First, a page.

Why Feeling Too Much Will Always Be Better Than Feeling Nothing At All

This one goes out to all the over-thinkers and the deep-feelers who keep on a tough exterior but secretly are filled with emotion. I’m sure at one point you’ve experienced the dark occurrence of staying up too late thinking about things that confuse you, or hurt you, or that you wish you could change. You start to feel small in the dark room that surrounds you and no matter where you are, you no longer feel at home anywhere. You don’t like to feel this way, yet it happens randomly on a Tuesday night every now and again.

It leaves you asking, “Why do I feel so emotionally attached to these thoughts?” and “Why do I care so much?” It’s these times at night when you wish your brain would just shut up for good.  

You don’t want to care anymore, and one day you too may decide what I did:

I would no longer care deeply about anything.  

I tried this method for a little while, and I must admit, it worked for the short-term. I didn’t feel sad, angry, or frustrated, but at the same time I didn’t have the opportunity to feel genuinely happy or excited either. I stuck myself in a gray area with no emotion whatsoever. After a while it got hard for me to push away all my thoughts and bottle up my feelings and pretend they had no effect on my state of mind. Because I wasn’t dealing with my feelings, they took that opportunity to circle through my mind as a poisonous negativity.  

When I stopped treating myself well, I let others treat me poorly too. I avoided my feelings and thoughts at all costs, which in turn made me incredibly anxious and self-conscious. When someone said something or did something to disrespect me, I let it happen. I thought if I reacted to them that would mean I would have to care, or if I fed into my own thoughts, I would start to get too deep into them. And to follow this new philosophy where I wasn’t allowed to care, and I wasn’t allowed to think deeply, I lost a big part of myself. Because I didn’t stick up for myself, or mentally support myself, I started to believe that what people thought of me was actually true when it wasn’t.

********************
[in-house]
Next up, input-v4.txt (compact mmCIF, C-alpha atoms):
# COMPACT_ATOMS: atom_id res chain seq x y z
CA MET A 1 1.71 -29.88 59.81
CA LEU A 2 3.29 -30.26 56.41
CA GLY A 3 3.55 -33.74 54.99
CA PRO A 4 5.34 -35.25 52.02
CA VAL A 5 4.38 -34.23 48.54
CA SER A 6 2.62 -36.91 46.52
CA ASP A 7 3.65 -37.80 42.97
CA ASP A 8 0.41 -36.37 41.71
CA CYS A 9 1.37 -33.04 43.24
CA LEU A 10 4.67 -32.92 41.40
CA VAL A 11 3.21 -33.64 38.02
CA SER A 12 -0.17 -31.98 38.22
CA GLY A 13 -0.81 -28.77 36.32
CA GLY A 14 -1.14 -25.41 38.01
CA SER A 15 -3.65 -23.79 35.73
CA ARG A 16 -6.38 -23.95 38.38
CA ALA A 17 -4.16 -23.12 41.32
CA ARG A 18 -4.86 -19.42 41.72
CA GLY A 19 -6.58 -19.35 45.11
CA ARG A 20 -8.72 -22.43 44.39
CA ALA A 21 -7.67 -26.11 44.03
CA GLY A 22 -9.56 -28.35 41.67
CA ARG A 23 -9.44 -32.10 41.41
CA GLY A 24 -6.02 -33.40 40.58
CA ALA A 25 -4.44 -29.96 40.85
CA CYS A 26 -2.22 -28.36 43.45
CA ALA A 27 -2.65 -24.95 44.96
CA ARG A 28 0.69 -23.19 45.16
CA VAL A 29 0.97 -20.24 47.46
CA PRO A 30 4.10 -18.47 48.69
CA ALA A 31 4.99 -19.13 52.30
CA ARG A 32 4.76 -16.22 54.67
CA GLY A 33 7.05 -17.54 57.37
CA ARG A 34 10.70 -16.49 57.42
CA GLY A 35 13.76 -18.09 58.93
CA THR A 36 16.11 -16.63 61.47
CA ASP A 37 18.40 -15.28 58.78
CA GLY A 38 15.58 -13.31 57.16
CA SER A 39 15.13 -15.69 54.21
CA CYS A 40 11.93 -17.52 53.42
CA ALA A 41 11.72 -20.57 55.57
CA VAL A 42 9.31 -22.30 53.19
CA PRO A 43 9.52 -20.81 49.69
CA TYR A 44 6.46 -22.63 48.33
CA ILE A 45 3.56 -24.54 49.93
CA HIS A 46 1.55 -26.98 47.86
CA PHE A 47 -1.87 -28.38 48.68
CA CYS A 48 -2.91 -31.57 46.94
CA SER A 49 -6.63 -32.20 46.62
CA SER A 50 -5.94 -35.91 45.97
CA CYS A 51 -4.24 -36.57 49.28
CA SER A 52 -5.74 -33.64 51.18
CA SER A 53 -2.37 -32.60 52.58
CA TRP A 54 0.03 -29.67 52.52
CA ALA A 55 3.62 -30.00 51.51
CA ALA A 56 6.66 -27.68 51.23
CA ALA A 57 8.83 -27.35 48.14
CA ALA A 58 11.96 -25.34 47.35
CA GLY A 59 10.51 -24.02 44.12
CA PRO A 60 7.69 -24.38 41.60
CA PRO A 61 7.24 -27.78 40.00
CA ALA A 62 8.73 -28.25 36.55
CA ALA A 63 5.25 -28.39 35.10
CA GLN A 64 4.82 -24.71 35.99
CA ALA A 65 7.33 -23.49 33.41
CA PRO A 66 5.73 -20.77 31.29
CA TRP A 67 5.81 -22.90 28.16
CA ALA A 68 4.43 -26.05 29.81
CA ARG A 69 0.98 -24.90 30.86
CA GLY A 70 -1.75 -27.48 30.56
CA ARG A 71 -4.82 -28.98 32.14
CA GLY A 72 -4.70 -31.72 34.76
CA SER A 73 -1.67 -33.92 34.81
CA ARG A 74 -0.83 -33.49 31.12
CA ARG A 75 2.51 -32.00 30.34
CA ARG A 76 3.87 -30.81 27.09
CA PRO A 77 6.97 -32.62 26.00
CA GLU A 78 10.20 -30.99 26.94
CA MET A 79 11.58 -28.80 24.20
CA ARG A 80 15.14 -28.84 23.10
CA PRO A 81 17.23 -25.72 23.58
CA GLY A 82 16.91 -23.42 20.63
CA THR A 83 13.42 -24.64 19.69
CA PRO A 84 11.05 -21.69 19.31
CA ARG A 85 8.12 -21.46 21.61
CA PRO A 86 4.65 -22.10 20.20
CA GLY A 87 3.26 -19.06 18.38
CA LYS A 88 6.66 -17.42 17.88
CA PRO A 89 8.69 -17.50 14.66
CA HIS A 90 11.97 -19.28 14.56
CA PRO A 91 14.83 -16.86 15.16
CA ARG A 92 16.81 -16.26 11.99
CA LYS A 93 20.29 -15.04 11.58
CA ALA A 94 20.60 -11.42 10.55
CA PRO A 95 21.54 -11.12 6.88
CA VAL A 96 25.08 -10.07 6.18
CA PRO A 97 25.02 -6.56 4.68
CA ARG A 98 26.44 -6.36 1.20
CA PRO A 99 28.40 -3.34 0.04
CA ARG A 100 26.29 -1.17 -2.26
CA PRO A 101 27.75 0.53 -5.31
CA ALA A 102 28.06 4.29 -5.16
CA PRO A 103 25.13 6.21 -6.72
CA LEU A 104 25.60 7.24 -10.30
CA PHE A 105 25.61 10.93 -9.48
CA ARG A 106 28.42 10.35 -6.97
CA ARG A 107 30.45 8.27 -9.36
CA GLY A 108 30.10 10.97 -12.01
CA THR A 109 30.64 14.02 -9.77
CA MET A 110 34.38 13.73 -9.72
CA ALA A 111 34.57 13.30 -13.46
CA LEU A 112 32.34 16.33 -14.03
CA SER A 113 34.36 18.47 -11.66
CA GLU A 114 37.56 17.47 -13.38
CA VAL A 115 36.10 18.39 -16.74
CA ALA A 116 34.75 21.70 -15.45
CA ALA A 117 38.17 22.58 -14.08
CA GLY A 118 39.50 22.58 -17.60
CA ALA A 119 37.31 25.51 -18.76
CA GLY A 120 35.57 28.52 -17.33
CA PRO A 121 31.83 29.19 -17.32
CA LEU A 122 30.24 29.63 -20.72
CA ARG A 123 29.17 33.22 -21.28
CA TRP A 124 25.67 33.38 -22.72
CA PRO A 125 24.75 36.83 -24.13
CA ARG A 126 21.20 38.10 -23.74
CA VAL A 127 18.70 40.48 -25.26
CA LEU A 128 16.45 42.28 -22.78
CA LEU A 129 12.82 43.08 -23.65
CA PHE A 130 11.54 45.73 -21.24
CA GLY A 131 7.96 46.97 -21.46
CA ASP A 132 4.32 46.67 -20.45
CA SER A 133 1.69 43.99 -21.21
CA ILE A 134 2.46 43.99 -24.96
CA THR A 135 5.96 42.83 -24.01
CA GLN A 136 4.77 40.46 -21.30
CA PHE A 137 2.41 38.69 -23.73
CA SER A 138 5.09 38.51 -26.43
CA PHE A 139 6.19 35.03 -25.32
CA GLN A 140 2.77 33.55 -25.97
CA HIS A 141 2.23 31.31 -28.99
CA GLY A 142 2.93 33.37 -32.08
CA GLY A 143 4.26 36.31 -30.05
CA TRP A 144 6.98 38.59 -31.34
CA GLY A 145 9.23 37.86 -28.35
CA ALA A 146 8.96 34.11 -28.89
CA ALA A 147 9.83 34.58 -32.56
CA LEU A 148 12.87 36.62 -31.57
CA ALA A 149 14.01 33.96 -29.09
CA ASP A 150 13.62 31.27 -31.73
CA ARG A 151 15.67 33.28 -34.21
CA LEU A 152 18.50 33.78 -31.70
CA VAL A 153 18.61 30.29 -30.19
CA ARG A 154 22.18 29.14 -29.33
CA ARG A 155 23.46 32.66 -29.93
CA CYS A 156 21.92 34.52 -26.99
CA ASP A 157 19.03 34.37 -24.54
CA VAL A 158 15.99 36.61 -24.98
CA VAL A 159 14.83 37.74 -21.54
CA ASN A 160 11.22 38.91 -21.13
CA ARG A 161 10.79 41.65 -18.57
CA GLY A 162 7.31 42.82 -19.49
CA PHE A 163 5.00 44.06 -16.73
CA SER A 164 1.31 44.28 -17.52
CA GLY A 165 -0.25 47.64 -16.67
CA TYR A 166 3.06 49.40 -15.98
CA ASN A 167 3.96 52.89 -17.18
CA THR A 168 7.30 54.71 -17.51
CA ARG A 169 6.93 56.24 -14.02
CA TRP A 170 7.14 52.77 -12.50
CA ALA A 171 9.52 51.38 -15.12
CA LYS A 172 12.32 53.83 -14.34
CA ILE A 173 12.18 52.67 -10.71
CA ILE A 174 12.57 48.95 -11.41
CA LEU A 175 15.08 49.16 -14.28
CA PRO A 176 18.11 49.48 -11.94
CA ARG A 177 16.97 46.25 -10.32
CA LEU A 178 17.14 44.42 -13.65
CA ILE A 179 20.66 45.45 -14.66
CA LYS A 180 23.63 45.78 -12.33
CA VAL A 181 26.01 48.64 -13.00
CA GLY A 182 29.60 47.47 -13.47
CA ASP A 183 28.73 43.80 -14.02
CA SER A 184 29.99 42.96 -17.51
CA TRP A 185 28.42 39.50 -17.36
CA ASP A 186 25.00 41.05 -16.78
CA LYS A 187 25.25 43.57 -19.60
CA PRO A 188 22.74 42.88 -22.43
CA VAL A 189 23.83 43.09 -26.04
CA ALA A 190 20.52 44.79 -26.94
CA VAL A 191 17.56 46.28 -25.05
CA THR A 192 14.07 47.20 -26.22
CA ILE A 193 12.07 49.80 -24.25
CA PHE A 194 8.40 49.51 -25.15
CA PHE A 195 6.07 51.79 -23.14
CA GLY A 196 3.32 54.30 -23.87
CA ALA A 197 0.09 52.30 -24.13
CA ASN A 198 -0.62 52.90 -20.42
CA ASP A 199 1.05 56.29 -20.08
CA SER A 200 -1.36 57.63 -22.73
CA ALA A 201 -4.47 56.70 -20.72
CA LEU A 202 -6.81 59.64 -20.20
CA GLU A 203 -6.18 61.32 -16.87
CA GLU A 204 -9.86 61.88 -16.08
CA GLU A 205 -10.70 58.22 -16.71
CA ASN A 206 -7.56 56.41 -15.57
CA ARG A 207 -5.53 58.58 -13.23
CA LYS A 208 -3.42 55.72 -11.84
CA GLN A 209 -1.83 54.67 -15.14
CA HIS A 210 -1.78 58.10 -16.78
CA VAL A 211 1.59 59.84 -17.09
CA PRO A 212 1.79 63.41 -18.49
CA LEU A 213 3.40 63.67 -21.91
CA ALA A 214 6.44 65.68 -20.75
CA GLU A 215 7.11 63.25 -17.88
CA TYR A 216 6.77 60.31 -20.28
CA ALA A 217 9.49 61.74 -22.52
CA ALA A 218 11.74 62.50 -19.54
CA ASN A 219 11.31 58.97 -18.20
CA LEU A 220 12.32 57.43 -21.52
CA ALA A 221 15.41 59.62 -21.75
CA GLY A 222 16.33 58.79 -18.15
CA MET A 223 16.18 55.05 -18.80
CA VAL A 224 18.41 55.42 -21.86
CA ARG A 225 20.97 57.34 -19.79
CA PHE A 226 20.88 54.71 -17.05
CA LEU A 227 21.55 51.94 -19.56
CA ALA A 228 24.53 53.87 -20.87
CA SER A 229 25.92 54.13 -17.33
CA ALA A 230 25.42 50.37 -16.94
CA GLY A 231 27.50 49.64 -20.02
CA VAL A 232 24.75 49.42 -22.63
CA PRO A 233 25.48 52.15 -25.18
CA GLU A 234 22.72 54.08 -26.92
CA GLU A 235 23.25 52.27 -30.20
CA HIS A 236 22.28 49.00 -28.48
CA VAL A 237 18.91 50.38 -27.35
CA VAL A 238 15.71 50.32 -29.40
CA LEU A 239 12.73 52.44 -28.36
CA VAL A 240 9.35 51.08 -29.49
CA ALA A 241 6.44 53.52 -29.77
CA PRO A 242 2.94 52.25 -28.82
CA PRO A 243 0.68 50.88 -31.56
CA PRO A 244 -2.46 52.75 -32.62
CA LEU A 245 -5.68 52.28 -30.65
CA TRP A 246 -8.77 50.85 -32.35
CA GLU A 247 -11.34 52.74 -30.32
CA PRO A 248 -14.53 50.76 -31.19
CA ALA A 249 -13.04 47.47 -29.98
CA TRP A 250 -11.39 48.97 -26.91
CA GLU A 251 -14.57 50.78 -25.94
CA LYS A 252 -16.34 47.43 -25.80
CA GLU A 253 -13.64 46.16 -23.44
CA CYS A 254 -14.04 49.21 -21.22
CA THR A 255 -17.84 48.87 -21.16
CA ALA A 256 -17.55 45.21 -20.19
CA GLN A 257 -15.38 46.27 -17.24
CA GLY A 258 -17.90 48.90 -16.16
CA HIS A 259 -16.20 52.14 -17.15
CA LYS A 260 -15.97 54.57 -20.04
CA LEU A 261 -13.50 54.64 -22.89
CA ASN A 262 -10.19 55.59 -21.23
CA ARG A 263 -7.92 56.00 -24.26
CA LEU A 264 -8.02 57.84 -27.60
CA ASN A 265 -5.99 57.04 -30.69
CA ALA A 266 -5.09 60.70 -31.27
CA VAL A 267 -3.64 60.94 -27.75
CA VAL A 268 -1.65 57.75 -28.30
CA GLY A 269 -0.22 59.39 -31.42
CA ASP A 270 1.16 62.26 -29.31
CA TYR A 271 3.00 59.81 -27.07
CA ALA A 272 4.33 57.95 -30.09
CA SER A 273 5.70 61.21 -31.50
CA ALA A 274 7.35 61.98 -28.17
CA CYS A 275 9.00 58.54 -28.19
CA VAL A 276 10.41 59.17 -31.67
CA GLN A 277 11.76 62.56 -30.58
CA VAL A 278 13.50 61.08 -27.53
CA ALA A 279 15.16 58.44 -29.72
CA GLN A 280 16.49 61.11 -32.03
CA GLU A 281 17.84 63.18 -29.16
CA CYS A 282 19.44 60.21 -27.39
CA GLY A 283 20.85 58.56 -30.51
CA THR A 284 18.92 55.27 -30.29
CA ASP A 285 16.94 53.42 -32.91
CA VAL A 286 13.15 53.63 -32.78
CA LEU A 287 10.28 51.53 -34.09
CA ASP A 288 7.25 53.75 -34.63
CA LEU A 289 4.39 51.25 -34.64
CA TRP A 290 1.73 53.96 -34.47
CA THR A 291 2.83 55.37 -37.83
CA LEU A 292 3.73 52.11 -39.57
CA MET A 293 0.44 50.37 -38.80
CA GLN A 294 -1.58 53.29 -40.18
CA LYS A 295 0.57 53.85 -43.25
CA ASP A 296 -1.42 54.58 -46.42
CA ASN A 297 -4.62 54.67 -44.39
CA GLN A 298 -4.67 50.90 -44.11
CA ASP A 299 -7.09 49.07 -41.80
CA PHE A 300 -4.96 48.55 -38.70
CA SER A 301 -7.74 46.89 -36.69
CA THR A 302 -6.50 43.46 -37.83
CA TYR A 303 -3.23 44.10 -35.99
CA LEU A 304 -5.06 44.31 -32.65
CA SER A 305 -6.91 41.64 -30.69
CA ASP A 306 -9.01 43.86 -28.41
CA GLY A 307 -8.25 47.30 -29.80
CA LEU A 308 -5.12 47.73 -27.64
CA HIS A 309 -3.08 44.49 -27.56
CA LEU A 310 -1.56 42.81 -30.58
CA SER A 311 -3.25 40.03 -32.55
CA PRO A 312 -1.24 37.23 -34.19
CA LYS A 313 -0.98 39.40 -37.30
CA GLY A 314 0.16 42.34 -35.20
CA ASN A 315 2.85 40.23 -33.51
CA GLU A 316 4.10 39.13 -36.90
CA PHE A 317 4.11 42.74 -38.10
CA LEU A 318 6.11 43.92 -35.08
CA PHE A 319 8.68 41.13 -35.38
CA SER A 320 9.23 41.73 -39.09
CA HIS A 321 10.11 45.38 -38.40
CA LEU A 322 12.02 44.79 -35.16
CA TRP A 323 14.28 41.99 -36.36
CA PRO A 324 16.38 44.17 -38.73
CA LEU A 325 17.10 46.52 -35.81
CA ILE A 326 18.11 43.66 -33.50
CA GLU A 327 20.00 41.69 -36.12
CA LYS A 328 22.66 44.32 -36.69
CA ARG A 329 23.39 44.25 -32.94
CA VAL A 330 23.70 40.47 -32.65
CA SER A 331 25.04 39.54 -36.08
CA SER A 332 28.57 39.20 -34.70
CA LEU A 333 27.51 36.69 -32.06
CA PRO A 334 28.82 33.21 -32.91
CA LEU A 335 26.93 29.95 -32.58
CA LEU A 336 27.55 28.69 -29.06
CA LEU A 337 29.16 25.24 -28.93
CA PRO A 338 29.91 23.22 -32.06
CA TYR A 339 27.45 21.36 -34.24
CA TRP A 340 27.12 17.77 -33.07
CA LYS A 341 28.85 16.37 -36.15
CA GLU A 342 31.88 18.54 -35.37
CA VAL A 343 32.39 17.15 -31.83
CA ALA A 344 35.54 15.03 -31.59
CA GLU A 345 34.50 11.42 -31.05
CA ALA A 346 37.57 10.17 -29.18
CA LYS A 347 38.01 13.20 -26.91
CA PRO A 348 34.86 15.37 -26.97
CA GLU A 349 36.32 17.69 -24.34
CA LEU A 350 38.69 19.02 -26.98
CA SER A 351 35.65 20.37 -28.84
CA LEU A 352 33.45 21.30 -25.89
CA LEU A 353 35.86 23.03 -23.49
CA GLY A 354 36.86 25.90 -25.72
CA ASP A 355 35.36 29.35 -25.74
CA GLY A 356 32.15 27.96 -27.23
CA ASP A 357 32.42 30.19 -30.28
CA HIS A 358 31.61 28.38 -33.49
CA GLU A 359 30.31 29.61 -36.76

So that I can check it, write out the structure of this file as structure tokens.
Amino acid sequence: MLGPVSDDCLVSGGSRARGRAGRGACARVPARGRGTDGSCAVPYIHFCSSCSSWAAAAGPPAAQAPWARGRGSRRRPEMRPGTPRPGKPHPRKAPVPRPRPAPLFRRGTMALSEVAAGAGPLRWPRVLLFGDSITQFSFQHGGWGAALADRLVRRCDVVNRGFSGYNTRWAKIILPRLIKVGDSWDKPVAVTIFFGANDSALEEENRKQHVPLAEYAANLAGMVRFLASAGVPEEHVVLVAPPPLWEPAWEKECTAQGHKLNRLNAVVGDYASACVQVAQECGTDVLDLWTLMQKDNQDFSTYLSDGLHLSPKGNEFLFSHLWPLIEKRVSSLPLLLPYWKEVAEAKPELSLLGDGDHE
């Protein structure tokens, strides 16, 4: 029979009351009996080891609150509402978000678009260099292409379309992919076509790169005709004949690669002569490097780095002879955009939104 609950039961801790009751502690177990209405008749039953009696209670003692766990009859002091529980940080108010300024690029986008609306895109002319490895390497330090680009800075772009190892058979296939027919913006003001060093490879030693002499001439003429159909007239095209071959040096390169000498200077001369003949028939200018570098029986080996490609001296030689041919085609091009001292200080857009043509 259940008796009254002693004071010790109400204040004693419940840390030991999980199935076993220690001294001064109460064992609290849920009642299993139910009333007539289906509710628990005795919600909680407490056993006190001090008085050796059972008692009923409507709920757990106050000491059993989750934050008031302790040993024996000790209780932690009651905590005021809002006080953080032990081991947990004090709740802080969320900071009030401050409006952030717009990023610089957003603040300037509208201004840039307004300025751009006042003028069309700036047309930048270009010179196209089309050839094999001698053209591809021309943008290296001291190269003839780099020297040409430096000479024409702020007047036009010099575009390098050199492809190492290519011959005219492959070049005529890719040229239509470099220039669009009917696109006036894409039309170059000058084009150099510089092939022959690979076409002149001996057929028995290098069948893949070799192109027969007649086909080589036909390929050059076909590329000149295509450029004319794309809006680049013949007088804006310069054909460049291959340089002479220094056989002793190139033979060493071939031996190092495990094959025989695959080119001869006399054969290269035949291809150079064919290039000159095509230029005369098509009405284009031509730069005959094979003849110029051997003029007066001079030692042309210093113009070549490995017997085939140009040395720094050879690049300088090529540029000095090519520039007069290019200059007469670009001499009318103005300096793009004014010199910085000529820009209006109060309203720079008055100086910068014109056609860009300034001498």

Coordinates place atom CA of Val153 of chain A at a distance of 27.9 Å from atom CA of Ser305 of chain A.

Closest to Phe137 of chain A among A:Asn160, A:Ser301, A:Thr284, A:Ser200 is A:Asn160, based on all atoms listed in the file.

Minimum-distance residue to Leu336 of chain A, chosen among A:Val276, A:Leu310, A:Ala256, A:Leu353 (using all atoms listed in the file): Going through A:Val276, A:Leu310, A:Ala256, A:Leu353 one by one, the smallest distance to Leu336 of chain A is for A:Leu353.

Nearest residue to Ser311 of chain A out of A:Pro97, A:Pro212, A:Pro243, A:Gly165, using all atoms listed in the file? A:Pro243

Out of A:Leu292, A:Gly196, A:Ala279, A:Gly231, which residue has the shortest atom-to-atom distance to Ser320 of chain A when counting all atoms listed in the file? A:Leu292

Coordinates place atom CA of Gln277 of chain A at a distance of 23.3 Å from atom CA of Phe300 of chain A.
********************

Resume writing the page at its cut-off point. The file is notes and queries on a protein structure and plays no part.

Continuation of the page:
I felt like two people: one being very vulnerable and hidden away, and the other being tough, standoffish, and supposedly unafraid of being hurt. It wasn’t until I finally did some self-reflection and realized I had created two false identities for myself, that I broke down and cried. Yeah, I said it!

I cried!

I do have feelings! Lots and lots of feels! And as Oprah would point her finger to her audience members and say, “And YOU have feelings! And YOU have feelings! And you in the back, yeah, YOU! YOU have feelings too!” And guess what? That is perfectly normal and healthy.

It’s okay to feel your feelings.

It is normal to have random nights when everything hits you at once. And from what I’ve learned, the best way to cope with having lots of thoughts and feelings at once is to work through them. You won’t go to bed any sooner by bottling things up. So turn on a light to escape the darkness, make yourself some tea, and think. If you’re sad, angry, frustrated, or upset, identify what is causing you these feelings. Talk it out with yourself until you are no longer feeling so stressed, or make a game plan for tomorrow as to how to change the issue. Please, don’t beat yourself up for having feelings like I did. Because it is both equally important to laugh as it is to cry. And to be able to appreciate the good things in life you have to experience the bad.

Featured image via Thomas Krause on Pexels


  1. This article is so relatable. Sometimes I feel that crying is a weakness but it can be sign of strength. We should never hide our emotions, even in tough situations.


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